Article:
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Re: Critique of OA metric

I don't think the amount of author-side payments or the
percentage of their coverage of the cost of the publication is as
fundamental as being characterized in Sandy Thatcher's reply
here. IMHO, the most importance factor that differentiates OA
publishing from vanity publishing is the existence of the brand
and the publisher's desire to keep and enhance that brand by
editorially selecting what they accept for publication. The
typical vanity book publisher who relies on author payments does
not care about the quality of the books they publish because
there is brand based on the correlation between the quality of
different books in their program.

It is quite different when it comes to OA journal publishing,
where the publisher is trying to build a brand for the journal by
publishing only manuscripts of a particular quality level. This
leads to better reputation for the journals and the publisher
knows that this will lead to more manuscripts being submitted to
the journals for possible publication. If the correlation between
the quality levels of different articles in the same journal
became irrelevant, the publishers will behave quite differently
(I have possible causes and possible consequences of this
happening in the future in "2020: A Publishing Odyssey"

In my opinion there are two reasons for not seeing a Gold OA
scholarly book publishing programs or attempts by publishers: the
less important one is that it costs significantly more to publish
a scholarly book than it costs to publish a scholarly article (an
order or magnitude more in the estimation of many that know
better than me), which makes it more difficult to fund by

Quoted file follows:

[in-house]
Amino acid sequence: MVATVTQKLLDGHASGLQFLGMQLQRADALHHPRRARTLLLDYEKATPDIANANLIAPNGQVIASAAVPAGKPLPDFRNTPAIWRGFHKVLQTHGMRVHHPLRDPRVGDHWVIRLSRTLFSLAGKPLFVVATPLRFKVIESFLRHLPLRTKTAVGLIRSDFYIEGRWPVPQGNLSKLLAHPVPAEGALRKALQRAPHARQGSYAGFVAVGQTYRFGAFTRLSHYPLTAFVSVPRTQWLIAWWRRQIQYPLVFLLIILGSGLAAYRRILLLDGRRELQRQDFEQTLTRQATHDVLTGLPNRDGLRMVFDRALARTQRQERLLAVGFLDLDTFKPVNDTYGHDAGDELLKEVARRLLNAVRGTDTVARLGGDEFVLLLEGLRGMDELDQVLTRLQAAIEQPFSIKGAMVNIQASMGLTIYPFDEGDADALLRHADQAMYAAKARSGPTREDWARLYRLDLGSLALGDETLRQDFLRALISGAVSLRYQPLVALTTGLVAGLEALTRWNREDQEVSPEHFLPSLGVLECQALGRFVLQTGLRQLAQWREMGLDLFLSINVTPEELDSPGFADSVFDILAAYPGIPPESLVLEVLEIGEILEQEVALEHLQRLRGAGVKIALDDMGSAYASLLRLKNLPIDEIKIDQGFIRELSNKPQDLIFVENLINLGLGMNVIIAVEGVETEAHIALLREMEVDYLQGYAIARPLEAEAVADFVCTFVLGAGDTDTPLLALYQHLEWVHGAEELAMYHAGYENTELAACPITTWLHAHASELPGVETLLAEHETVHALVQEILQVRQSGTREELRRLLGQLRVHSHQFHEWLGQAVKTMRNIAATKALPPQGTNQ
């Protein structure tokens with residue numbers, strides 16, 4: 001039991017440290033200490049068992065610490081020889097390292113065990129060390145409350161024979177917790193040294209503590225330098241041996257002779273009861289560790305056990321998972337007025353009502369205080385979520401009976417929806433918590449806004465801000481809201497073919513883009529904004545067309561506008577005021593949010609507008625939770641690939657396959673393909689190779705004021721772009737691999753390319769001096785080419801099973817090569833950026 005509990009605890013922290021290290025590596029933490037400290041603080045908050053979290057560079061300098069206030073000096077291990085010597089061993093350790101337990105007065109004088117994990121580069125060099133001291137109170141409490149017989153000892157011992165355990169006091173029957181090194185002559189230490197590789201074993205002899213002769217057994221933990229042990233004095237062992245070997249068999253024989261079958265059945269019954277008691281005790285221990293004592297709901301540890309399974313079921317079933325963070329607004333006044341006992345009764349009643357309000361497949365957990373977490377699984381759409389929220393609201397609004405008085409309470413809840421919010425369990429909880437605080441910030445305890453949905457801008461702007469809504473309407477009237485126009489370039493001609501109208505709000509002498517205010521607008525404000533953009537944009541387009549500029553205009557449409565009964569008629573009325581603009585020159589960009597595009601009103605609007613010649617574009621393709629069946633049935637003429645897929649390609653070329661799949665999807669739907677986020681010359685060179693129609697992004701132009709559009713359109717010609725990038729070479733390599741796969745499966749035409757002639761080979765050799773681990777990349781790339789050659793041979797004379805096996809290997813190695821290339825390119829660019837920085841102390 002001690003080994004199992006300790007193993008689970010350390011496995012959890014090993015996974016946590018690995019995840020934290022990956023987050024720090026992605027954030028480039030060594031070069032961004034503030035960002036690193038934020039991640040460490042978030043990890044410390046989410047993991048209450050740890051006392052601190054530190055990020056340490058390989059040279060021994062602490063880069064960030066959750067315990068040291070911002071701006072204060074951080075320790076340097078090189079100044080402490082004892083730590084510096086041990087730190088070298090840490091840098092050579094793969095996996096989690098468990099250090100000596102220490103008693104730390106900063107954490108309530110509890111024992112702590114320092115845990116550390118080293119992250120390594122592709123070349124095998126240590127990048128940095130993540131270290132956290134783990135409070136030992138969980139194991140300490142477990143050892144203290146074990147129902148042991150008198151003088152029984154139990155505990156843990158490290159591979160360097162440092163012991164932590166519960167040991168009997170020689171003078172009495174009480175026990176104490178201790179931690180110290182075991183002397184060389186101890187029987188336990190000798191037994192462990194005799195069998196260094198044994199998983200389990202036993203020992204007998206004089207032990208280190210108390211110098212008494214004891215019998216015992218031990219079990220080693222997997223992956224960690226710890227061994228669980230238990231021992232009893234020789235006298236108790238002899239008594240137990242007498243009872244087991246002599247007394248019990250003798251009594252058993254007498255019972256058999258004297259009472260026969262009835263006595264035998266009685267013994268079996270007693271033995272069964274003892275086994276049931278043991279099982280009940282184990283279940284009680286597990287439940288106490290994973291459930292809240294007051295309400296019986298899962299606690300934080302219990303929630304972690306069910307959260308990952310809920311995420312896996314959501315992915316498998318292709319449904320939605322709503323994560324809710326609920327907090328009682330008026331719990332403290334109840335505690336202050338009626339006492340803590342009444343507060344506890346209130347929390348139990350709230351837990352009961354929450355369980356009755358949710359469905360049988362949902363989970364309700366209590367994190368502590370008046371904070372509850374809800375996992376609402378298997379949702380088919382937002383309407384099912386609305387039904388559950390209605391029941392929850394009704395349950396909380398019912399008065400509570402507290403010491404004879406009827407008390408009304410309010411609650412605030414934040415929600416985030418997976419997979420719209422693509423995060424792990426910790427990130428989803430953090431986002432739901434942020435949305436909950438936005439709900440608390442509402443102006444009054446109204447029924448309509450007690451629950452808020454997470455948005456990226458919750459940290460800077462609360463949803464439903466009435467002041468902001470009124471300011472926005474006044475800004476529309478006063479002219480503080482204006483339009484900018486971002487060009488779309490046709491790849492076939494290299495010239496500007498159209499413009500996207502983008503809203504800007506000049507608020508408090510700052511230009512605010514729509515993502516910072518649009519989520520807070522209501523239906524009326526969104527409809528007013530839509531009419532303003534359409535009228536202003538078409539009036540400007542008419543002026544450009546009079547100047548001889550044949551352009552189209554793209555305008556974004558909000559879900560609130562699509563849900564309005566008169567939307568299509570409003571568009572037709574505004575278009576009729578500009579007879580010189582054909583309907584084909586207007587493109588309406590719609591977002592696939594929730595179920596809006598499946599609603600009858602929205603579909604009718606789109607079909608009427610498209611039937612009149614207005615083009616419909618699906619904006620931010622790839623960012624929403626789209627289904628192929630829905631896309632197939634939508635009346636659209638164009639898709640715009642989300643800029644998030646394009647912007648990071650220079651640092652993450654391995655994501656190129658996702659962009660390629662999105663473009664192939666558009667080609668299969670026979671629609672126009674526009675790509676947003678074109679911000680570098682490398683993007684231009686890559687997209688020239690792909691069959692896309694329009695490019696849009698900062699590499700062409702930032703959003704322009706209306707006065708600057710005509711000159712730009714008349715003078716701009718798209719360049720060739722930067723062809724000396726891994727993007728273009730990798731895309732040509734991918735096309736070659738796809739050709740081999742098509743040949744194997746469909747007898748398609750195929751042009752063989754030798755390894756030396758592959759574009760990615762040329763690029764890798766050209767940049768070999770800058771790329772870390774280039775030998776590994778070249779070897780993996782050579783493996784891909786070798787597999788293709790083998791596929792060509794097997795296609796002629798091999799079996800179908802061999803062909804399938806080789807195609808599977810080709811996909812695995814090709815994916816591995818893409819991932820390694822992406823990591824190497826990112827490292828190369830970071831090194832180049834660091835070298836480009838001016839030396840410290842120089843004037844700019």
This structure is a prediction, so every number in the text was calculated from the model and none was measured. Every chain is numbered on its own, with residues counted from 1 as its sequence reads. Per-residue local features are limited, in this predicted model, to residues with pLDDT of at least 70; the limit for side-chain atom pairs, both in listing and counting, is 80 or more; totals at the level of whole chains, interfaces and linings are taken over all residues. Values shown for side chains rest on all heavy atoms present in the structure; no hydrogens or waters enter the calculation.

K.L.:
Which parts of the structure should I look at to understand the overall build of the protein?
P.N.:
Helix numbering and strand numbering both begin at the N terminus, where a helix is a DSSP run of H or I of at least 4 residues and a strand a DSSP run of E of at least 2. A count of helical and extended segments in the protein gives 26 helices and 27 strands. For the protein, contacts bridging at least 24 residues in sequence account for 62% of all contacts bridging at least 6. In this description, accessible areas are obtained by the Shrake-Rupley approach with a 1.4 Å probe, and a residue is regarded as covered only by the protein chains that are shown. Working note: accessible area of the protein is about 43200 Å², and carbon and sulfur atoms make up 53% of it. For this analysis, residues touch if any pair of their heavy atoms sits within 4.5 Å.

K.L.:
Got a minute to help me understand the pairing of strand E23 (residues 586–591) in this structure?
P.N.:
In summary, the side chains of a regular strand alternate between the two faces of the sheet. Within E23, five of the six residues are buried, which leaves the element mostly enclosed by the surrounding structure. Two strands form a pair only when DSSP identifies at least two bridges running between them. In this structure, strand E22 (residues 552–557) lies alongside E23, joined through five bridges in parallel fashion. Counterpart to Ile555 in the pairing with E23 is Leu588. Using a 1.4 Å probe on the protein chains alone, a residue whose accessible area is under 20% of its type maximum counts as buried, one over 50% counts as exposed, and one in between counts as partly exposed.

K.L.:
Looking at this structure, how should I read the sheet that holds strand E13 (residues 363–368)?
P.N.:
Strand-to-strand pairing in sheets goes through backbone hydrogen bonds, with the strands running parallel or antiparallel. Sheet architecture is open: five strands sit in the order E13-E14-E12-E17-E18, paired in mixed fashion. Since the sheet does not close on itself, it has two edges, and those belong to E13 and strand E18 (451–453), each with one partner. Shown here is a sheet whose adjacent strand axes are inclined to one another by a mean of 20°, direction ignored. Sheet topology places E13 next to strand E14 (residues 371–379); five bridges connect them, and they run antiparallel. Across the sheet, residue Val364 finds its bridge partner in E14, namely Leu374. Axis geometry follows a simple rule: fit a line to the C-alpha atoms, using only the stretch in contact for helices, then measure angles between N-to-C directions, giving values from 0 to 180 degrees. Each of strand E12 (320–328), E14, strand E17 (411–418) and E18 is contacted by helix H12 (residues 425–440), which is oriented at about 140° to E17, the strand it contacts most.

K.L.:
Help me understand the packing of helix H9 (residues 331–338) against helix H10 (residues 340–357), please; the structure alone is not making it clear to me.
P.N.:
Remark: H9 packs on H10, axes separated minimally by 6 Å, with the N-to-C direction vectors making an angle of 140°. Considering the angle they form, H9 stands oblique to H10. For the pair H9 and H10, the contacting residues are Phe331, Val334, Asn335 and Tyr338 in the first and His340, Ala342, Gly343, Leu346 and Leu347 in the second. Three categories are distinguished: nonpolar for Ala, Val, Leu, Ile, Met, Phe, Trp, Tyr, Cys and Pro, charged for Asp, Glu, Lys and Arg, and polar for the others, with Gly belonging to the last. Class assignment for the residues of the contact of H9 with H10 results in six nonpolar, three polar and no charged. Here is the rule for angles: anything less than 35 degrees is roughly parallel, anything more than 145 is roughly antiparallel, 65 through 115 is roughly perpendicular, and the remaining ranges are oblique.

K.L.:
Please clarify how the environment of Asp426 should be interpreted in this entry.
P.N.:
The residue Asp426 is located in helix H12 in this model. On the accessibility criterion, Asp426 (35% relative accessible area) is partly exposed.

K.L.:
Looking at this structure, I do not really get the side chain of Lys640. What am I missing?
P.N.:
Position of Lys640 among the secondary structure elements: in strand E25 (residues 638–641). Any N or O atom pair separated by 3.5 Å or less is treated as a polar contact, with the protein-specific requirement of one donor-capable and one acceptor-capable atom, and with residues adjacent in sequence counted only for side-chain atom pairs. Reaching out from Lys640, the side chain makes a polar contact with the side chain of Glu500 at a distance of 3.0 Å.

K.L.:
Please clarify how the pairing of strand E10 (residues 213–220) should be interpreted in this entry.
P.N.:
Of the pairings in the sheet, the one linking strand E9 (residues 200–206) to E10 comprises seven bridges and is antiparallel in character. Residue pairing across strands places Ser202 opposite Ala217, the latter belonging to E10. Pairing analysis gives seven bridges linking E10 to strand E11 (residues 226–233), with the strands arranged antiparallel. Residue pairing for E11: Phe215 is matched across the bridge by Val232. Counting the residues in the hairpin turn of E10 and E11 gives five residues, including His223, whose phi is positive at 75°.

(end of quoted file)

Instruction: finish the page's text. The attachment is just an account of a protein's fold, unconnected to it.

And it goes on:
author-side payments. The more important reason is that it is
difficult to establish a brand as a book publisher because
authors don't expect that much correlation between the quality of
books published by a particular publisher. The journal brand as a
"Stamp of Quality" of the articles it publishes is certainly much
more visibile than the publisher brand as a "Stamp of Quality"
for the books it publishes.

Ahmed Hindawi

On Fri, Oct 23, 2009 at 11:34 PM, Sandy Thatcher <sgt3@psu.edu> wrote:
> Phil doesn't mention this, but one wonders why Shieber thought he
> could draw conclusions about OA STM journal publishing by looking
> at what happens in trade book publishing. Not only is book
> publishing VERY different from journal publishing, but it is even
> VERY different from most of the publishing that academic presses
> do.
> Moreover, in terms of subsidies requested from authors, both
> vanity academic publishers and the best university presses ask
> for subsidies; the main difference is that the former request
> them routinely, and they usually have to come out of the authors'
> own pocket, whereas for the latter subsidies are requested only
> when truly needed to make publication of a book feasible and they
> often come from departmental or foundation funds, not the authors
> directly. But, in any event, for university presses anyway, there
> is no correlation at all between the amount of subsidy required
> and the quality of the publication.
> Sandy Thatcher
> Penn State University
>>In another of his series of fine posts, Phil Davis has a good
>>critique of some of the metrics for OA that are coming out of
>>Harvard. Definitely worth a look:
>>Joe Esposito